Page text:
I recently read a piece by Joan Didion that talks about self-respect and the struggle to find it.  She likened it to a “well-lit back alley” where all of our self-knowledge waits to essentially mug us with the truths behind our masks and self-image and reputation:  here lurk the truths you can hide from everyone but yourself.  I think I LIVE in that back alley.  I am never unaware of my failings, big and small.  I still think about the time I called a kid a bad name in grade 4 and that one time I didn’t stand up for my mom when I should have.  I’m aware of the frustration I feel when I’m with my daughter – the short-tempered cruelties that shame me deeply.  I can’t pretend with myself to be any kind of parenting sage because I know too well the truth of myself, and to write any kind of piece that says otherwise is to be inauthentic.

It’s a funny duality that I have found in motherhood: I jealously remember the times in my life when I was truly seen, now that I am permanently relegated to the background of my children’s lives.  I once was the sun, with everything orbiting around my life, but now I am just one of those planets, orbiting G and L while they shine.  I guard the precious memories of my life BEFORE when I was Danielle and not just mom.  When I had interests and independence.  But the irony is that I think my greatest fear is to be truly seen now.  To be seen in my inglorious moments, my frustrated ones, my shameful ones. It’s one thing to embrace the messiness of parenthood – there is a deeply funny side to the trivial failings of our day-to-day lives: the spilled milk, the spit up accidents, the blow-outs.  There is a black humour to the first time your kid repeats the word “fuck” or accidentally does something inappropriate with total, pure innocence.  But it’s a different beast to look at our real failings as parents and as people.  Those are moments we do not want to be seen… and they are moments that I feel I have had more of since I became a mom.

And yet, I believe there is value in it.  I think that there are those moments where seeing someone else be vulnerable allows us a greater connection to both ourselves and one another.  I believe that we are closer when we see each other as human.  Especially in a time where social media makes it difficult to separate someone’s PROFILE from her LIFE.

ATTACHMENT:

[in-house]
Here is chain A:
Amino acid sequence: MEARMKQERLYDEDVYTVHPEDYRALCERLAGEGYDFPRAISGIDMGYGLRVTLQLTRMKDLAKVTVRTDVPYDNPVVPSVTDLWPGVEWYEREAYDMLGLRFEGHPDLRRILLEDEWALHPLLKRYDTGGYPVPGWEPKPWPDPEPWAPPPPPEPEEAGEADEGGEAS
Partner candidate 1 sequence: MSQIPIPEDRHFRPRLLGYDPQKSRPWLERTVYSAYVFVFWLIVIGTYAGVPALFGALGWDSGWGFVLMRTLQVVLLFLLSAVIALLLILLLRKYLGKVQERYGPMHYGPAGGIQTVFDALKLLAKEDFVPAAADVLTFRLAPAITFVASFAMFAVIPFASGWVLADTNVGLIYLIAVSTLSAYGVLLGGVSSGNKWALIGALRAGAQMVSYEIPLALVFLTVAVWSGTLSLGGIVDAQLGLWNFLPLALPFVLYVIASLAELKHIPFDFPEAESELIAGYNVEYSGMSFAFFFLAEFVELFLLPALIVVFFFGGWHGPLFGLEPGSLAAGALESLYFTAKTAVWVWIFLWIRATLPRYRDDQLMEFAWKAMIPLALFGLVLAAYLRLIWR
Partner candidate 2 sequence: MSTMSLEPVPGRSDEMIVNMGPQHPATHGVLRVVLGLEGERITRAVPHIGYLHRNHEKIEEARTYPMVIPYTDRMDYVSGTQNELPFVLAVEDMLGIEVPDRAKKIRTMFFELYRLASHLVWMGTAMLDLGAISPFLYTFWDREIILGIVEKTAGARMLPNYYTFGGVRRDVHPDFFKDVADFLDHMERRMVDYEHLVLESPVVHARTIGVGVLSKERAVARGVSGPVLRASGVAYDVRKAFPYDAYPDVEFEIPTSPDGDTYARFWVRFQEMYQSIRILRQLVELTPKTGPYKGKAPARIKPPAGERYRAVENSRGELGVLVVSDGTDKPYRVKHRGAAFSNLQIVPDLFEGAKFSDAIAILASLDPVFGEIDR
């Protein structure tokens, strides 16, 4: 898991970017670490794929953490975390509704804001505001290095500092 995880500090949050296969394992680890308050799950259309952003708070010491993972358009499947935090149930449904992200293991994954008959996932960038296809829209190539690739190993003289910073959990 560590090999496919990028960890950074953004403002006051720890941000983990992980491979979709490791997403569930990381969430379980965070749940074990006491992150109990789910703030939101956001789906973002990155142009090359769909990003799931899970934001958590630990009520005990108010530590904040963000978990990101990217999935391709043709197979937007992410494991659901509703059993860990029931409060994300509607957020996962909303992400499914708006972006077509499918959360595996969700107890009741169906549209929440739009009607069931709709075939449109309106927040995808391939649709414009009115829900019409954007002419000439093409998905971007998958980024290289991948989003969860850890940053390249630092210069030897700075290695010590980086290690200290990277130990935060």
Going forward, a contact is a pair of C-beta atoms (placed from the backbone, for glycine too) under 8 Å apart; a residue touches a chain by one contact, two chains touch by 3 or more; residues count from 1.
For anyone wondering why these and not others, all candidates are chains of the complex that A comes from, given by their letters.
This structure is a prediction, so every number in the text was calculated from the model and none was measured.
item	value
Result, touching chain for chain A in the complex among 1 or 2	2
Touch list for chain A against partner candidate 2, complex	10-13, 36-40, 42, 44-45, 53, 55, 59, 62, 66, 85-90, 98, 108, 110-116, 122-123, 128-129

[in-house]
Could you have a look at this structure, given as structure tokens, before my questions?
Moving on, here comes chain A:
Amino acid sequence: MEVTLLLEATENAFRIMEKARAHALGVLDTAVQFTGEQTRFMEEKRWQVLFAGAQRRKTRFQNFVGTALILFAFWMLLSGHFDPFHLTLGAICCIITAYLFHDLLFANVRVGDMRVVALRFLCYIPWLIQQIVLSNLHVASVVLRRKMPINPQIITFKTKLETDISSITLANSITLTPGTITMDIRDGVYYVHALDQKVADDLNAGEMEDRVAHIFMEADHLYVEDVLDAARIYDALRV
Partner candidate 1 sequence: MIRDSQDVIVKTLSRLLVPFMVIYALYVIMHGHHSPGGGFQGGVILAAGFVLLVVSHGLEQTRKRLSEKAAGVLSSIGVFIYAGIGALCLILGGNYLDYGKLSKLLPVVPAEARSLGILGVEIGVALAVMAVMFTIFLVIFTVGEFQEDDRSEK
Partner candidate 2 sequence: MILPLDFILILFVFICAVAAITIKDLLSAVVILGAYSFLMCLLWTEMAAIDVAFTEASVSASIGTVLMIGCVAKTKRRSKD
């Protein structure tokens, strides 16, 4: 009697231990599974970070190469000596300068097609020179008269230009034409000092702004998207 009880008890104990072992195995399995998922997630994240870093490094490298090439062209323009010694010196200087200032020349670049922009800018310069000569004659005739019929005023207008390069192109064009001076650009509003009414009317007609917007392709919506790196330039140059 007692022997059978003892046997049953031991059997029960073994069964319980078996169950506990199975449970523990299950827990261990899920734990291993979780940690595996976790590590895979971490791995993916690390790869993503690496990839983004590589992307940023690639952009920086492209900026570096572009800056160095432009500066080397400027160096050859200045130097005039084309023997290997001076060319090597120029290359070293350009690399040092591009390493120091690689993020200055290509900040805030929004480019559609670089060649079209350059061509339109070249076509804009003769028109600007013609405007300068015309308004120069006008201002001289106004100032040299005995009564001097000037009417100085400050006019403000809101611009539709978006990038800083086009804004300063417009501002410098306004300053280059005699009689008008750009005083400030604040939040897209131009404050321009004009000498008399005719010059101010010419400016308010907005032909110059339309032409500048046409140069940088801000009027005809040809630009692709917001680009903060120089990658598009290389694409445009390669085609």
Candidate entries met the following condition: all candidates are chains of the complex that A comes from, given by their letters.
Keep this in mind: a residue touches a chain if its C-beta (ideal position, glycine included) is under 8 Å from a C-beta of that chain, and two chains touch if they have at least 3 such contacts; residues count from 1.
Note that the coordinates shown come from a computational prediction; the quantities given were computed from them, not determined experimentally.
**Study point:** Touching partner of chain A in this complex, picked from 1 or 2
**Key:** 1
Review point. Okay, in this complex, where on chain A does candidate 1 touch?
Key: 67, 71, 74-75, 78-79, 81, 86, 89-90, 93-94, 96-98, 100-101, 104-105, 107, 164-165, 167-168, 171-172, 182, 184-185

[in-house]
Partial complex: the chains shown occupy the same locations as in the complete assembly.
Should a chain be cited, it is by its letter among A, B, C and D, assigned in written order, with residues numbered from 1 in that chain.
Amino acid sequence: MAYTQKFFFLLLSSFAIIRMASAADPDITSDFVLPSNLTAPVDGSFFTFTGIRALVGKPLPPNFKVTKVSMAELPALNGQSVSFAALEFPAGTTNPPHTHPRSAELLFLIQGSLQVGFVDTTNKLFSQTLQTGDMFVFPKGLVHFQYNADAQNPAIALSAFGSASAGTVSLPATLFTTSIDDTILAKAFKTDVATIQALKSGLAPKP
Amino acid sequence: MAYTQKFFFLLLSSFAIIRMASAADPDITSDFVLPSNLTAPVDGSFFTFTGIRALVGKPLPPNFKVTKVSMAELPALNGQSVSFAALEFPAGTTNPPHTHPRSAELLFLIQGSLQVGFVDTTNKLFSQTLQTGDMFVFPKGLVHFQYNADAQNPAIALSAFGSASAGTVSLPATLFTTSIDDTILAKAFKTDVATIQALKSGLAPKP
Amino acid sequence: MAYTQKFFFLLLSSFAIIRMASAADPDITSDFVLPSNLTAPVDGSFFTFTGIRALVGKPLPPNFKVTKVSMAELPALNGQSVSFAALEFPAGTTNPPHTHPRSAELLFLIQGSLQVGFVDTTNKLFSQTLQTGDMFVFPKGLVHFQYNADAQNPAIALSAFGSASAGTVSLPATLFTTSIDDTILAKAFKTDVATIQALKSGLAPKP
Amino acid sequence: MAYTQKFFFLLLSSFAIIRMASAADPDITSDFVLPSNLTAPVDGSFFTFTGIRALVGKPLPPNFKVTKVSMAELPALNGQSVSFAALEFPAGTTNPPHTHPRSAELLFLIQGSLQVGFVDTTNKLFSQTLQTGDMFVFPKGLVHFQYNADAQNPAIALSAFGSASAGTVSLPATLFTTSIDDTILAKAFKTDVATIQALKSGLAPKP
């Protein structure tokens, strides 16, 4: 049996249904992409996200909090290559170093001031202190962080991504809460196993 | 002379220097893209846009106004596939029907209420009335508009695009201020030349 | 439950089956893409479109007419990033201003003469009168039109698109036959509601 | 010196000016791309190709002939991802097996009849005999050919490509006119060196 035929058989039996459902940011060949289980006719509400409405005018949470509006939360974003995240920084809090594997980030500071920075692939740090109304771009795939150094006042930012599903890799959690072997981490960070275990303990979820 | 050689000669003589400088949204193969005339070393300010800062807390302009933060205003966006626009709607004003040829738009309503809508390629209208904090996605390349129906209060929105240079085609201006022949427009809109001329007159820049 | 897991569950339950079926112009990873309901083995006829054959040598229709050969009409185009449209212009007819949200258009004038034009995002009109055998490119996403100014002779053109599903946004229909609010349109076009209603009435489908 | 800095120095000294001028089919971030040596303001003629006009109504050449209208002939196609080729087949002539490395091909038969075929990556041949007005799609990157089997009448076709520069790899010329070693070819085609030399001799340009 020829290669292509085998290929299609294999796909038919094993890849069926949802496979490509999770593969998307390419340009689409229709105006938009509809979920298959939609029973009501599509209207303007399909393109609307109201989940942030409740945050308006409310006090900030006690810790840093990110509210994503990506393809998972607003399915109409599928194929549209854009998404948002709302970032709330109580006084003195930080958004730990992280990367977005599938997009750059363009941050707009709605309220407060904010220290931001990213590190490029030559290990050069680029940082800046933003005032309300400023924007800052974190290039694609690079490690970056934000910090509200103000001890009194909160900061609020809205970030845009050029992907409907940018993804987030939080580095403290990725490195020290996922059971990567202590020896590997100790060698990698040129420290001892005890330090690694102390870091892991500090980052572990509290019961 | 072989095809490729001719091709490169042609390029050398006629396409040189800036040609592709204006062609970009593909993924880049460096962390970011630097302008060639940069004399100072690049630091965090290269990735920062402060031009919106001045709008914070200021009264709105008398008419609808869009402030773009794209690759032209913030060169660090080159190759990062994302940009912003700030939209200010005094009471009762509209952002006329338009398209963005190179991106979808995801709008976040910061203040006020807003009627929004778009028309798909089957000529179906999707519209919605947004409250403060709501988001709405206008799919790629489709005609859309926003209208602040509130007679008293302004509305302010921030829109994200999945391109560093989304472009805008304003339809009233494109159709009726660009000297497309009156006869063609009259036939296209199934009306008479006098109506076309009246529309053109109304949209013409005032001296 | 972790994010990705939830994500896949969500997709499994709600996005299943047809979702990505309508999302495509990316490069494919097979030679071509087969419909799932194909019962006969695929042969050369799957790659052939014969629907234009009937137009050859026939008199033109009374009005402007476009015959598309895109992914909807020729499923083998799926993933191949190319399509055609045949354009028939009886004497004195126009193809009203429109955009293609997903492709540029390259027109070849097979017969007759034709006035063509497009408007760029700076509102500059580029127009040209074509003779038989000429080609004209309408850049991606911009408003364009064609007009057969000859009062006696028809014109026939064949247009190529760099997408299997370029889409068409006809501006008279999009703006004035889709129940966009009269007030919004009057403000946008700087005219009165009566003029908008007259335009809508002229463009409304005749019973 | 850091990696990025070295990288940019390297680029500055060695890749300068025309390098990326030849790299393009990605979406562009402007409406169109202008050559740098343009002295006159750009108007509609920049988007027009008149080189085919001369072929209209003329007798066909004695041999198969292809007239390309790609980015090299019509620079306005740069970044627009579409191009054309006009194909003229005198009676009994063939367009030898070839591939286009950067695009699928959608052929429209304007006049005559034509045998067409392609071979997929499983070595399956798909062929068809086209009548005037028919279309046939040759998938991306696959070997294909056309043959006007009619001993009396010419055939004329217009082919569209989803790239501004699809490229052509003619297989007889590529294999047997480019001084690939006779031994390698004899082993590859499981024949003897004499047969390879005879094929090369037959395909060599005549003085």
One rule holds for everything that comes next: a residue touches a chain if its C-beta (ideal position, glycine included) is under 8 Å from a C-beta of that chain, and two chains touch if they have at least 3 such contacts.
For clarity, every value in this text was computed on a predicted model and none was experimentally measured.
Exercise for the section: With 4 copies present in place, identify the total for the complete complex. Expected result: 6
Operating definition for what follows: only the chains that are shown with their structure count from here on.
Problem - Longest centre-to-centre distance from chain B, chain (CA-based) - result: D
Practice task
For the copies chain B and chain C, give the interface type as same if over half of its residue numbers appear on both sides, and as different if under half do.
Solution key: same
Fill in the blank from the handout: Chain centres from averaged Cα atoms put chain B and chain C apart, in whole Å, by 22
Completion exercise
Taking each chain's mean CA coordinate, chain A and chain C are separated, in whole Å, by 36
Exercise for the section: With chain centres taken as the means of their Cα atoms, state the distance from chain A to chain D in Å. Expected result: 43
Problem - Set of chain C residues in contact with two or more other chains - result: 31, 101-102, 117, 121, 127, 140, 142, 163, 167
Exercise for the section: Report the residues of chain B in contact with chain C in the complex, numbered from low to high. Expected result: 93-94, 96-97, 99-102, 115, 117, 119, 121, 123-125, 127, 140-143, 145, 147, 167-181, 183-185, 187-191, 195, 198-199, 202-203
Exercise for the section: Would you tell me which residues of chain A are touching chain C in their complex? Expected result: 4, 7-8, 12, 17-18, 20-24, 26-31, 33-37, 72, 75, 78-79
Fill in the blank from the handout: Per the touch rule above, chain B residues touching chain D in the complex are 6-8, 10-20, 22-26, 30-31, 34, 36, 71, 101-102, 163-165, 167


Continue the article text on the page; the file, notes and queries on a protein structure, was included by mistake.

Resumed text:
So I’m back.  I have to believe that there is a value to what I want to say.  Perhaps it will be uncomfortable – for me, for people who read it – but perhaps there is value in that.  If I want to raise a daughter who sees value in her own thoughts and voice, I have to find that value in my own.

Fingers crossed.

 

xo

Mediocre Mom

Tuesday Get A Clues-Day: Tips for First Time Moms

I hope you had a wonderful long weekend – I know I did!  I took the littles to Allen Beach with their cousins and then my toddler and I baked cookies yesterday.  Needless to say, there was a lot of family time this weekend, which means not a lot of blogging time.  I’m okay with that trade!

But being at the beach made me realize something: I NEVER would have been able to make that happen when I had FEWER kids!  When Georgia was Leo’s age, I could barely make myself get off the couch, nevermind pack her up for a day trip!  When I realized how different this time around is, I started thinking about the things that I wish I’d known back when I had my first – and what things I did with my first that made the second time around so much easier (shame on me for claiming it’s easy when it’s the hardest thing I’ve ever done).

Thus was born this new regular feature: Tuesday Get a CluesDay!  Every Tuesday, I will post something that I think would have helped first time mom me in the hopes that it will help other first time moms.  So let’s see what’s in the Get a CluesDay bag for today.

*drumroll*

JOIN A DAMN MOM’S GROUP.

Ok.  Ok.  I know that this sounds obvious from the outside, but if you’re anything like me, then even though you sort of know it’s a good idea, you will still not do it.  This is, to me, one of the MOST IMPORTANT things that you can do for yourself as a new mom.  Allow me to elucidate:

I am awkward.  Oh no, I know what you’re thinking: oh she’s one of those girls that claims that she’s awkward, but she’s secretly charming in a nerdy way.  Nope.  I strive to one day maybe hit “nerdily charming” instead of “deeply offputting” in social situations.  True stories: my friends don’t tell me when they’ve invited people I don’t know to something because they know I won’t come.  I genuinely map out exit strategies when I enter a room with more than 2 people in it (or 2 people or fewer if I don’t know them really well).  I one time hid under my desk at work to avoid a work social event.  I have brought up religion, politics, and cannibalism in casual conversation with strangers.  I have used information about how birds have sex to break the ice at dinner (but seriously, though, have you ever thought about it?  How DO they have sex?  I know, because I googled it, but I’m not telling you – you will have to google it yourself and then sit back in amazement that you’ve never googled something so interesting before).